The war had ended...

... and we, the four of us, were on our way to homeland. Together with many soldiers and their families being repatriated, we too flew to Prague on a plane, which was a Dakota bomber converted to people mover. To England my parents arrived on a boat with the dog Lenka, back home they went on a plane, with me and a cat Kai-Kai. The cat caused a lot of problems to Mother. During the flight she had her in a wicker basket with a lid that was tied up by a rope. The moment the aircraft motors had started, the cat panicked in a big way and tried to get out of the basket. She even managed to stick her head through the gap between the lid and the rim of the basket, and Mother had to push her back; after that by stroking her constantly she tried calm her down. It was a struggle all the way to Prague, but in the end she managed to pacify the poor creature. Kai-Kai was destined to live a relatively long and fruitful life ─ Mother estimated that she had brought about 120 kittens into this world. She was with us until 1953, when she died about 12 years old. As she was a relatively rare breed, Russian blue, she became a part of the collection of the National Museum, where she still was in 1969, when I went to say goodbye to her prior to leaving the country. Maybe she is still there, though I doubt it; displays change and stuffed animals don't last forever.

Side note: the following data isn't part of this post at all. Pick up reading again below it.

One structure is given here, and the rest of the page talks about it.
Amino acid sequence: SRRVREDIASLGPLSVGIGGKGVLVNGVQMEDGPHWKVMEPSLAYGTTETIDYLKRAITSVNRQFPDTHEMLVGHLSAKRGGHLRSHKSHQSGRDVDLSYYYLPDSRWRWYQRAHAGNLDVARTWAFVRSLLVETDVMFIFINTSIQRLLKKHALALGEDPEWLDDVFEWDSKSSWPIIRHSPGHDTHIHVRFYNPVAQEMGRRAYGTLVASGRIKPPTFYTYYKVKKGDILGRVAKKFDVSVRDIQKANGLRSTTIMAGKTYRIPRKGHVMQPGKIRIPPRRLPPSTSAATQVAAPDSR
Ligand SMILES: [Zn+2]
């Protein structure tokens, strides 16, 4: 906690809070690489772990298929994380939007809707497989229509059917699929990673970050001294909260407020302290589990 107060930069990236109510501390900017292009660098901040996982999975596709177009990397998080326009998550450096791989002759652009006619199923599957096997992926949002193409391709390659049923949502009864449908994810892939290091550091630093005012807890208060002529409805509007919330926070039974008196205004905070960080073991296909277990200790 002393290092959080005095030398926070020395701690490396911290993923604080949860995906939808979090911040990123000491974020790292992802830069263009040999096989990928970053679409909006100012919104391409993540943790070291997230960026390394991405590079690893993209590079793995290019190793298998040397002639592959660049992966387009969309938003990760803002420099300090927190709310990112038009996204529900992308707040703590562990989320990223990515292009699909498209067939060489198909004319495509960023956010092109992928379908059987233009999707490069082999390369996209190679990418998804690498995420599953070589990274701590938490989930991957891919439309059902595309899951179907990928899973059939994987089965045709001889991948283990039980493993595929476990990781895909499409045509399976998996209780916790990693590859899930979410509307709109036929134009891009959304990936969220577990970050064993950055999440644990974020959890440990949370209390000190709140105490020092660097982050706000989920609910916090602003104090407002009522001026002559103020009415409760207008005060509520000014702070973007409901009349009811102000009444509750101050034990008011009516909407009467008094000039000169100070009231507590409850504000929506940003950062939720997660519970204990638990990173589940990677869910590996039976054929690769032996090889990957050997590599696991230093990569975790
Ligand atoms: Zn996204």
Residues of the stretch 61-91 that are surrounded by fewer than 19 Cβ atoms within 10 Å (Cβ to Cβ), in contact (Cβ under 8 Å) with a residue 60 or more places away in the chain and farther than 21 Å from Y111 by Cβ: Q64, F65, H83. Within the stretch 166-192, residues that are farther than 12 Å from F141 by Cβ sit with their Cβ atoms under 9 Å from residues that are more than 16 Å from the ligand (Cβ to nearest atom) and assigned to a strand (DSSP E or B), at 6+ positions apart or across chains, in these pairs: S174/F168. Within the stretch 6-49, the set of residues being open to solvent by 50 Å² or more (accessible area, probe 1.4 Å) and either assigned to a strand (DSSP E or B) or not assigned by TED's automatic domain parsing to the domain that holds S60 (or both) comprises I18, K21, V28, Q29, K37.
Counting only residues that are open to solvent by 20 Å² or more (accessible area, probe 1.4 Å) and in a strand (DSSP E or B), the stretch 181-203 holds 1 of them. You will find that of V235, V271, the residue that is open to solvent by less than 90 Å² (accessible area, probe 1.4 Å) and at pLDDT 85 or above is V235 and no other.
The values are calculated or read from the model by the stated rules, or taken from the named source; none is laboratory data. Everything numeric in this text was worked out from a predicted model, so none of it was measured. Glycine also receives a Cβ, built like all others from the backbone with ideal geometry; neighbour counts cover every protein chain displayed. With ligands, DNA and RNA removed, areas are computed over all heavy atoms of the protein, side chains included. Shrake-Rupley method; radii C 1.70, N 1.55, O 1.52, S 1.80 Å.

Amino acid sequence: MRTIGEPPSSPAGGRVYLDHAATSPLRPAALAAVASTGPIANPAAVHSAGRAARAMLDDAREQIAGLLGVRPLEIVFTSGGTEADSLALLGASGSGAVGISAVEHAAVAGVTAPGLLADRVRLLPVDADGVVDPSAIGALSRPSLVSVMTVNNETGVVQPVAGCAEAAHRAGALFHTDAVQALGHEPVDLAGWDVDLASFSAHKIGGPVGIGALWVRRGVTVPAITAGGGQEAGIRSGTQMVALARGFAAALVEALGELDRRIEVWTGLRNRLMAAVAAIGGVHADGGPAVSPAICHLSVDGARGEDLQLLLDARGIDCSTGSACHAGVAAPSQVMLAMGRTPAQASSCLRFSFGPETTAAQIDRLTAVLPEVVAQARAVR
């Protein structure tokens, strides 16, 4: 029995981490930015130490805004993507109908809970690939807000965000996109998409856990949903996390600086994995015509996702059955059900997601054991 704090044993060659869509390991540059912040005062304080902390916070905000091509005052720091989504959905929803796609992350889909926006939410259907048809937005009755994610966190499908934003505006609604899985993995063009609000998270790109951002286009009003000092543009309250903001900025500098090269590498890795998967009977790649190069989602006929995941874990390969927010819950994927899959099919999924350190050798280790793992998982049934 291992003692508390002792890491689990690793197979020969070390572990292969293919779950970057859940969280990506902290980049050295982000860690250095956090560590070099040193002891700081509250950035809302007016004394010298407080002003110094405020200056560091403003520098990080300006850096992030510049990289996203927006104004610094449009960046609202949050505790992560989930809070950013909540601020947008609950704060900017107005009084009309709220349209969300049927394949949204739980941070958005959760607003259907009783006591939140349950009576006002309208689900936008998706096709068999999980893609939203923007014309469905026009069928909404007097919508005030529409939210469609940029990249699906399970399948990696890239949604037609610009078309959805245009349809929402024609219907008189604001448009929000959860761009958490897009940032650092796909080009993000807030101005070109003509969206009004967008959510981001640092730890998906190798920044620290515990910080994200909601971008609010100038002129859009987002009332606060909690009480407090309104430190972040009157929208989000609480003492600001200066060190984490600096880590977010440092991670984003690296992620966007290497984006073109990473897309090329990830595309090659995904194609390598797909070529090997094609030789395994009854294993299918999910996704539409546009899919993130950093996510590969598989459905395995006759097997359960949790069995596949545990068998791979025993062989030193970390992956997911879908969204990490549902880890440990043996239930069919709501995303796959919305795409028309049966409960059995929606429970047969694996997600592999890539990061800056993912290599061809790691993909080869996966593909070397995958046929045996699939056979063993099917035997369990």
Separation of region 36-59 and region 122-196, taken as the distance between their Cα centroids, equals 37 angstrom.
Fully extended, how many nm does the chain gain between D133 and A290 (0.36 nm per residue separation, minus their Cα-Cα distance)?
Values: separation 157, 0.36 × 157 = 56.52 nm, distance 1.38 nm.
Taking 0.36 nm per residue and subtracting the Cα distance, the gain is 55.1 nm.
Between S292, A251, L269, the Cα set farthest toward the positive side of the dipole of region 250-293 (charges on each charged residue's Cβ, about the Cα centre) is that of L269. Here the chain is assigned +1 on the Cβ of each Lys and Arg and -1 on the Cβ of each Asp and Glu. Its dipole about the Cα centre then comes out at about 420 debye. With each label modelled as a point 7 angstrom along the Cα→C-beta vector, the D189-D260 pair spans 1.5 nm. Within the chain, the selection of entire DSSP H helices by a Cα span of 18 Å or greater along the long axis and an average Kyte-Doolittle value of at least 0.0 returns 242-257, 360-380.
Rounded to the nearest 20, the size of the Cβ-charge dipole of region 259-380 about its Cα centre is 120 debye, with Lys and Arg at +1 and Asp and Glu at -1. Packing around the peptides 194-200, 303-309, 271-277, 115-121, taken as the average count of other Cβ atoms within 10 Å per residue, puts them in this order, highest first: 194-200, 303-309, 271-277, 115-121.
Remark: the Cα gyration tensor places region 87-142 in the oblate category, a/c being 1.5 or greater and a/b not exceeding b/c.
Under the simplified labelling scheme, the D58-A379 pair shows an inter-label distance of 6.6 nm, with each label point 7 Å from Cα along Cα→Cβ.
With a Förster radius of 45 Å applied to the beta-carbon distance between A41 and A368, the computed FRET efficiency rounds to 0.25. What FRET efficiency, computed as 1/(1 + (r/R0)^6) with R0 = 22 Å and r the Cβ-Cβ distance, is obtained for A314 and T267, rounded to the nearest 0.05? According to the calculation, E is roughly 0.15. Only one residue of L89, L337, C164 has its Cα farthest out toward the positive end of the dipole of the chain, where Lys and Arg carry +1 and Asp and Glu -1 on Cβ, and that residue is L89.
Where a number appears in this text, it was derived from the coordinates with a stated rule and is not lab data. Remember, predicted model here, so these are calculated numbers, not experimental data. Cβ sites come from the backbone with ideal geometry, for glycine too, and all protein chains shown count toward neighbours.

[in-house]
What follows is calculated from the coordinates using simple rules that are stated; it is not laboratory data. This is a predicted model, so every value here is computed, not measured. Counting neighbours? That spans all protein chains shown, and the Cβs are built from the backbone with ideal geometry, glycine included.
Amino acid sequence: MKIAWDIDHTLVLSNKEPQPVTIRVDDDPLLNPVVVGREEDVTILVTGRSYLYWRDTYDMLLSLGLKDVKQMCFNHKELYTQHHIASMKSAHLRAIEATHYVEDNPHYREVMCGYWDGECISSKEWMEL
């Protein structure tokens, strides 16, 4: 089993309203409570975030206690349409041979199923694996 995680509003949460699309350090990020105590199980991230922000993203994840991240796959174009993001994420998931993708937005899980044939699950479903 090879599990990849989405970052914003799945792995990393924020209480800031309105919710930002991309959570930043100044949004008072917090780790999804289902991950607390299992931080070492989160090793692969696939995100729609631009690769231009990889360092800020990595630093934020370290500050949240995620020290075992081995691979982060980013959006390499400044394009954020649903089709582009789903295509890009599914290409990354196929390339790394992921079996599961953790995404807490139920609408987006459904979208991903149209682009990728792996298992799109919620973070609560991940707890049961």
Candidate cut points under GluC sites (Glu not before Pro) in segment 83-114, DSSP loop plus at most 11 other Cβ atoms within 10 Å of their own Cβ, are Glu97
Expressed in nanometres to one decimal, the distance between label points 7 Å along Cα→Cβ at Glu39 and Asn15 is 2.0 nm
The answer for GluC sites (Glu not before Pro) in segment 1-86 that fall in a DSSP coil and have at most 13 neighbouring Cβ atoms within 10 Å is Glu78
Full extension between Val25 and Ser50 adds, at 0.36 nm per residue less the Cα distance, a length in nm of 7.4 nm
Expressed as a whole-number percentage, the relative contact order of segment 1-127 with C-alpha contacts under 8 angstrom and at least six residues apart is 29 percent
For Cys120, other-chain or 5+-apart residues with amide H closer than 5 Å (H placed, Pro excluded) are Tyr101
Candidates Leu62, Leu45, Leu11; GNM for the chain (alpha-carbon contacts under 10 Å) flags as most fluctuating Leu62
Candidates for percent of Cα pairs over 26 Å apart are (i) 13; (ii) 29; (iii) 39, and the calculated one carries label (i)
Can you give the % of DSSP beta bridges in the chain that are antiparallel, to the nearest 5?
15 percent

The last kitten Kai-Kai had was born not so long before she died, and it was only one. We kept the tabby Tom, named Tačik, who became my faithful companion throughout my childhood. He died under a car when I was in the Army.

    After the return to homeland, we lived in Zbraslav, where Father was born and where his oldest sister, aunt Jiřina still lived, while Father was looking for a suitable accommodation. Zbraslav, a lovely old town, was a little too far from Prague, where he needed to be.
We stayed there for about two months, June and July; I was thus almost two and a half years old. From that time I have my second vivid memory. I sit on the front steps leading to the house, which were not in use, because normally the back entrance was being used. I sit and I have soiled my trousers. I feel guilty, I'm scared of going home and having to confess.


I Played With a Future World Leader!

    For a time we lived in Prague, where Father worked at the Foreign Ministry. In the years 1947-48 however we were with him in Belgrade, where he was the trade attaché at the Czechoslovak embassy. We stayed there for about a year, and as a four to five-year-old I was beginning
to Marie Korbelová - the future Madelaine Albrightretain some memories. One is about playing in a group of several children, all presumably sons and daughters of the embassy workers. The undisputed leader of the group was a girl, somewhat older than the rest of us, and certainly the tallest. She could have been about ten years old, while I at five or so would have probably been the youngest in the group.